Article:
...although Mayan, Nahuatl and other regional languages are still spoken by some people in some areas.
You may be a little surprised, however, at the number of Mexican people who speak English, especially in the major cities and tourist areas. That’s because English has been taught in private schools in Mexico City at least since the 1950s, so most of the middle to upper class people in the major cities speak English. In private universities in the bigger cities, students are required not only to know English, but also other languages like French, which are also taught there. In some high schools, you need to get 500 points in the Toifel Exam to be able to get in. The Toifel Exam is an English Exam that is used internationally. It is used as a standard in all the schools and sometimes as a requirement for a job.There are many schools in the area where English is a prominent part of the curriculum. The American School Foundation in Guadalajara is celebrating its 50-year anniversary in 2008. There are high schools that are Bilingual, Bicultural and International. The Francis Bacon School in Guadalajara, which is ranked as the best primary school in the Guadalajara Municipality, only teaches English in its Kindergarden.Still, considering that most of the Mexican people that live in the Lake Chapala Area are lower class, you might think that they don't speak English, but there are several places where they can learn English, as an example, the Lake Chapala Society gives free lessons. On the other hand, the children who have the option can attend one of the four private bilingual schools in the Ajijic Area.
Though you can “get by” without learning to speak Spanish in the
tourist areas and the larger foreign settlement areas, learning Spanish
can be compared to learning to read. If you learn Spanish, you will be
open to lots of possibilities understanding the vast and wonderful
culture of the people and the country, as well as what is going on in
the area and the country. Also it is a lot more fun and interesting if
you learn Spanish, because the Mexican people are very friendly and fun,
and you can miss a lot of nice experiences if you don't understand what
they are saying. You do not need to be fluent but it helps if you can
speak at a conversational level and the Mexican people really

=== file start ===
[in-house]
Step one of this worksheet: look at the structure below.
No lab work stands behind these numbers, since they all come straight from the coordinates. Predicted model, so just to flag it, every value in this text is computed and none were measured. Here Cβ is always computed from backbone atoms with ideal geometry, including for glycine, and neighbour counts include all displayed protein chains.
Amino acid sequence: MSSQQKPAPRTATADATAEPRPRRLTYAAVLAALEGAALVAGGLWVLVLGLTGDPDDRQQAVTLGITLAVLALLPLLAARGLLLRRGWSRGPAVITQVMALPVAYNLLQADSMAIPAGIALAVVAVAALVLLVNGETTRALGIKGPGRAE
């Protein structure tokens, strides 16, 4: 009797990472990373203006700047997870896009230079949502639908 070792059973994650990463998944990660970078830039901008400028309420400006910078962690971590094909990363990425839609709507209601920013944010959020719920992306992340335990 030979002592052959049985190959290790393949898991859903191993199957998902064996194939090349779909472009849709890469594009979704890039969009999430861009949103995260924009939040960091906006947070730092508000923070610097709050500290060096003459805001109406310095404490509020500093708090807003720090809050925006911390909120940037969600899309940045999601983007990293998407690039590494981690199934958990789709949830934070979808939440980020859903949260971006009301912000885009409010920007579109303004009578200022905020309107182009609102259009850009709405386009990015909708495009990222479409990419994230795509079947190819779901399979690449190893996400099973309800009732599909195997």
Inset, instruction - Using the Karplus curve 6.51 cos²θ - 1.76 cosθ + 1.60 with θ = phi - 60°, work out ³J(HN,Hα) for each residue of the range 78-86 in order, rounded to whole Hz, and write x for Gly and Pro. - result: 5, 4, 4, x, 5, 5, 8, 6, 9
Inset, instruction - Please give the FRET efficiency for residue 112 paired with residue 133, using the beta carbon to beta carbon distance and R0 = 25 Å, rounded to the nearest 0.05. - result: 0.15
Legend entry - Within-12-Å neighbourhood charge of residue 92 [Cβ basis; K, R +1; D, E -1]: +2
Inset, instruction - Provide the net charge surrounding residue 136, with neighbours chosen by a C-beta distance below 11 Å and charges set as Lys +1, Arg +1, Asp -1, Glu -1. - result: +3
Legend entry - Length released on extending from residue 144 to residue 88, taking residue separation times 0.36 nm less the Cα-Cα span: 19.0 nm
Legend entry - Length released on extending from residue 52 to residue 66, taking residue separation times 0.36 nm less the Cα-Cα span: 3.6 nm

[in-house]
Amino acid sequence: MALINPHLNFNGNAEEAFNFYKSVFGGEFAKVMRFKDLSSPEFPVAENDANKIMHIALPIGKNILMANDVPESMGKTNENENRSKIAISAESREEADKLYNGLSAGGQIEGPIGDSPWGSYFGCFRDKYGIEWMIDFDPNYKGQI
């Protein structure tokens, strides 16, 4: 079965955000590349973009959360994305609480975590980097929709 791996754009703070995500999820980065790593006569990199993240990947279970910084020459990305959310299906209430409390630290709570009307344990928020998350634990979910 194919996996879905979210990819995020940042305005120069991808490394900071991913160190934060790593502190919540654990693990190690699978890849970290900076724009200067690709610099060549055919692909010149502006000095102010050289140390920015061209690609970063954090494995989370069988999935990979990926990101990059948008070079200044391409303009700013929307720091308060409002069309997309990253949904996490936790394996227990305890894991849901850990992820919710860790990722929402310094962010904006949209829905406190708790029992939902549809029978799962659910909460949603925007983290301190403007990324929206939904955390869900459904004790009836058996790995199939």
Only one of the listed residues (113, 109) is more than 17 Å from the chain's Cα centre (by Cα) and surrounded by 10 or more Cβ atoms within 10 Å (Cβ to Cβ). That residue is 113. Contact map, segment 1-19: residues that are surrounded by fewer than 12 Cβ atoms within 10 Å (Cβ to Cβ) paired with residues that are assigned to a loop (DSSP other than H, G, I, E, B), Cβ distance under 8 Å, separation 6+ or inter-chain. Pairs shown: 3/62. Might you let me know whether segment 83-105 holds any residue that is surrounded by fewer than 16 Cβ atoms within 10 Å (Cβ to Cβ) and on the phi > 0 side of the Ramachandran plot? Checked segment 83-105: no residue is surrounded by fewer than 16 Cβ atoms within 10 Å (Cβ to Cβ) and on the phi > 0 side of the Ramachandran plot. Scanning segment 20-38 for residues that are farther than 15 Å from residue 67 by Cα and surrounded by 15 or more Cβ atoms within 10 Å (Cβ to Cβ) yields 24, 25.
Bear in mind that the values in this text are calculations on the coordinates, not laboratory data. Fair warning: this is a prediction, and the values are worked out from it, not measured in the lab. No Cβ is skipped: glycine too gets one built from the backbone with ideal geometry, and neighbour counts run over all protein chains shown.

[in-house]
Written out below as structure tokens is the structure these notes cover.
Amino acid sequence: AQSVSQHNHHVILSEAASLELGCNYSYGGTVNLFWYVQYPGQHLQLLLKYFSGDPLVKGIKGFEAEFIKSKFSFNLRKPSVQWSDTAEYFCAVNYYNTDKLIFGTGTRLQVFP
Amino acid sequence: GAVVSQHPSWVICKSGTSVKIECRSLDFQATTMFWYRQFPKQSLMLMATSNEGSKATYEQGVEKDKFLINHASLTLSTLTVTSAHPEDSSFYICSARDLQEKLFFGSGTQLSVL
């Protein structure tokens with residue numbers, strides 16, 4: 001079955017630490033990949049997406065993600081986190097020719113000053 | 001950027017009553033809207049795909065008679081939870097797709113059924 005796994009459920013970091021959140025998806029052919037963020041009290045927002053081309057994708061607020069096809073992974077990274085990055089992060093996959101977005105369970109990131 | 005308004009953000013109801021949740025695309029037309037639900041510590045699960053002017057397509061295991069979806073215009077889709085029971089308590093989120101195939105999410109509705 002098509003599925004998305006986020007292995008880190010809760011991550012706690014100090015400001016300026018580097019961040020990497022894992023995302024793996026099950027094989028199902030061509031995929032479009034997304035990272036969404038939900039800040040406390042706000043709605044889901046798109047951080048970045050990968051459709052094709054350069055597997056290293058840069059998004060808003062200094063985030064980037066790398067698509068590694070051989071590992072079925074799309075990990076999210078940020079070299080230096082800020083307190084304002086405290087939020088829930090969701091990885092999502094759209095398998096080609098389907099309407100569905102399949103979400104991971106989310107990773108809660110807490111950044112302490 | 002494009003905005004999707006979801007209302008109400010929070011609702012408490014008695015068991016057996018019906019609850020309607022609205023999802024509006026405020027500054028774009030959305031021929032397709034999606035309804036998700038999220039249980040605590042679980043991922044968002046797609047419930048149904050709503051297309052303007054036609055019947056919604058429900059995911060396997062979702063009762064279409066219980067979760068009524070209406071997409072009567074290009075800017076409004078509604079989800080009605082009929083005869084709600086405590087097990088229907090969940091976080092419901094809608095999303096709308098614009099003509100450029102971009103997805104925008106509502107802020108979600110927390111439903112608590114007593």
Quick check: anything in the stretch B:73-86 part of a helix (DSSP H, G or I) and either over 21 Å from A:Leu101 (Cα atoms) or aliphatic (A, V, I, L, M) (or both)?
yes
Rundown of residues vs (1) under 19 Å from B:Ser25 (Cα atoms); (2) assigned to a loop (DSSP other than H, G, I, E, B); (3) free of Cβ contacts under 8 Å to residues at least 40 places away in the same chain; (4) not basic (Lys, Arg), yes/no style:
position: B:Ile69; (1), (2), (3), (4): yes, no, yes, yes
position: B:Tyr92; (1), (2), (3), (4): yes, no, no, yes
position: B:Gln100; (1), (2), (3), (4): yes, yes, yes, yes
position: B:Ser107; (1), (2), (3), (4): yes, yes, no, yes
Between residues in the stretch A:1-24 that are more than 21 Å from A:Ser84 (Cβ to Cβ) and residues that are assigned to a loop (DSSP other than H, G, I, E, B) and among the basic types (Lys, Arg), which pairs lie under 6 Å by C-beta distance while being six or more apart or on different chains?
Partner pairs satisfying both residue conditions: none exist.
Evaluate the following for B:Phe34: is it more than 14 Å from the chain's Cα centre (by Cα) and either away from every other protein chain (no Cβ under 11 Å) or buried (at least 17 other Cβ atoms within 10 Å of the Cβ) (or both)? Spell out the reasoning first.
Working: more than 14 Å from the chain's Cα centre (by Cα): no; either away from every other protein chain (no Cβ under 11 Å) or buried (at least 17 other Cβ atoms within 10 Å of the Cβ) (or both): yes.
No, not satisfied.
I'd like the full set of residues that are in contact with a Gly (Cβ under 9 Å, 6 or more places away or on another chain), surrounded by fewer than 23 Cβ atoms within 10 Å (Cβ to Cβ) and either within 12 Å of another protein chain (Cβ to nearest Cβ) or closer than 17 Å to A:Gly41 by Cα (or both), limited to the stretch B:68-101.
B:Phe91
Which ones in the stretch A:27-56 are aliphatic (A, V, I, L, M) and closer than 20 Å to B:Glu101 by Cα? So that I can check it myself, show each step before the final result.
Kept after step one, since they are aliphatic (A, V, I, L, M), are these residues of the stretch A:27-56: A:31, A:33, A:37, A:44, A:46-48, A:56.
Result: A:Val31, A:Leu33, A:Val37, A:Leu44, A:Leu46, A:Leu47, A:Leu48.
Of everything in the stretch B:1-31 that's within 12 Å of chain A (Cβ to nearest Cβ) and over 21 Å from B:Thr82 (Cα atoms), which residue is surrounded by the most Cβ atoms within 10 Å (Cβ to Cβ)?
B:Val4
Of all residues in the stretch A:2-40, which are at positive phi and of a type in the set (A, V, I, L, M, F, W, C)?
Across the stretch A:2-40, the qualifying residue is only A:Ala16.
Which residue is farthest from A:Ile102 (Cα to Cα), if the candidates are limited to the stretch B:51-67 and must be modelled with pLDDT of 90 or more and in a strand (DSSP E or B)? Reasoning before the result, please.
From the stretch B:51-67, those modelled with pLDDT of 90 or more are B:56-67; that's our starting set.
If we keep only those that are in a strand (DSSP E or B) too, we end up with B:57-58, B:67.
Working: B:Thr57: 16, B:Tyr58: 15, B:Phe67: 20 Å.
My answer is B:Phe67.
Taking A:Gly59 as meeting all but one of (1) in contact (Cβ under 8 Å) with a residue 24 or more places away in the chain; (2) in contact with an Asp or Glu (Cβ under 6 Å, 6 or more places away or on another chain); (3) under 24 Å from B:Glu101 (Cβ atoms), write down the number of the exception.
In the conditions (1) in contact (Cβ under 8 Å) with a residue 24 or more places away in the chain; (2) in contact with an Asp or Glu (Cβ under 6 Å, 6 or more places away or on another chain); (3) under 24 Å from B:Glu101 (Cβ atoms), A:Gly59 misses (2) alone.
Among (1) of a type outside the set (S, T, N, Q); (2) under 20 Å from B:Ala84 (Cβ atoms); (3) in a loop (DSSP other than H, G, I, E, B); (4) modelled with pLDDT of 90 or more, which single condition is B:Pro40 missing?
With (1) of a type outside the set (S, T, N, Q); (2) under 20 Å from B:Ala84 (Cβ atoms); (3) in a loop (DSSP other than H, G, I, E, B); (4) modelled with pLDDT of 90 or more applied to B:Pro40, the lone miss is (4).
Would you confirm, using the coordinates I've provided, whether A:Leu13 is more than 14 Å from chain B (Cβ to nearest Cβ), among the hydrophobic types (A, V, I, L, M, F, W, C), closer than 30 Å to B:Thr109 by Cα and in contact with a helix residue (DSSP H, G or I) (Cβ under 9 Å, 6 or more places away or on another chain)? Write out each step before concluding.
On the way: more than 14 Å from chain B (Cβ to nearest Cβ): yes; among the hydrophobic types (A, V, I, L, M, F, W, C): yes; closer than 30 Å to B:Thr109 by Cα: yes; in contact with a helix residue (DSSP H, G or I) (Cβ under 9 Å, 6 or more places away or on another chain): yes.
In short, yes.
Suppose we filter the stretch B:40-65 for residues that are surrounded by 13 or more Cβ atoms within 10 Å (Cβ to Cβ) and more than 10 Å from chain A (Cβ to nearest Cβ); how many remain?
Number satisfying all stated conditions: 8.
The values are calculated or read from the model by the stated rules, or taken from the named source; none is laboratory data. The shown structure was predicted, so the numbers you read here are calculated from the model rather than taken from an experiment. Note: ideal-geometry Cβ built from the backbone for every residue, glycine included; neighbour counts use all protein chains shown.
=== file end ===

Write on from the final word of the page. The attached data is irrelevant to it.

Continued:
appreciate it if you try to use their language; even if you do get some
words wrong (usually elicits a nice smile). Try it, it's fun!
Having said that, I can tell you story after story about the trouble I
have gotten into with my Spanish, or rather – lack of it. A number of
years ago we were just moving into a rental property. We had just sold
our condo and were building a new house which wasn’t going to be ready
for some months. I decided I needed to have all the dishes in the
kitchen cupboards washed, even though they were obviously already
clean. I didn’t know how long the house had been vacant and I can be a
So I was in the kitchen trying to tell the maid what I wanted. When
she thought she understood what I was “trying” to say, she got very
excited. I thought she must be happy at washing clean dishes – no
trouble at all. Fortunately, Ray listening in the other room came into
the kitchen and asked me what I thought I was telling her. When I told
him “in Spanish” what I had said to Olivia he laughed and said, “no
wonder she sounds happy; you just told her to take all the dishes in the
cupboards and throw them away.” Olivia wasn’t quite as happy when Ray
properly translated what I wanted.
I can also tell you, from experience, that it really helps to use
charades (body language) to reinforce what you are saying in Spanish. I
have had a lot of good laughs with the maids and gardeners trying to get
my point across. They do really appreciate my trying, however.Nevertheless,
we recommend that you make your own commitment to learn the Spanish
laguage to get the full experience of another culture. Read "Shooting
There are many opportunities to learn either in group settings or
through private lessons at very reasonable costs. And if you want to
get really serious, you can go to Guadalajara for more intensive
training and live with a Mexican family during your training. We, at
Focus on Mexico, have lots of contacts we can recommend to you, at
whatever level you are considering.
One way to jump start the process and also is great for continued
learning, is to buy some Spanish tapes or CDs. As long as you are
listening, you are learning, and although some are better than others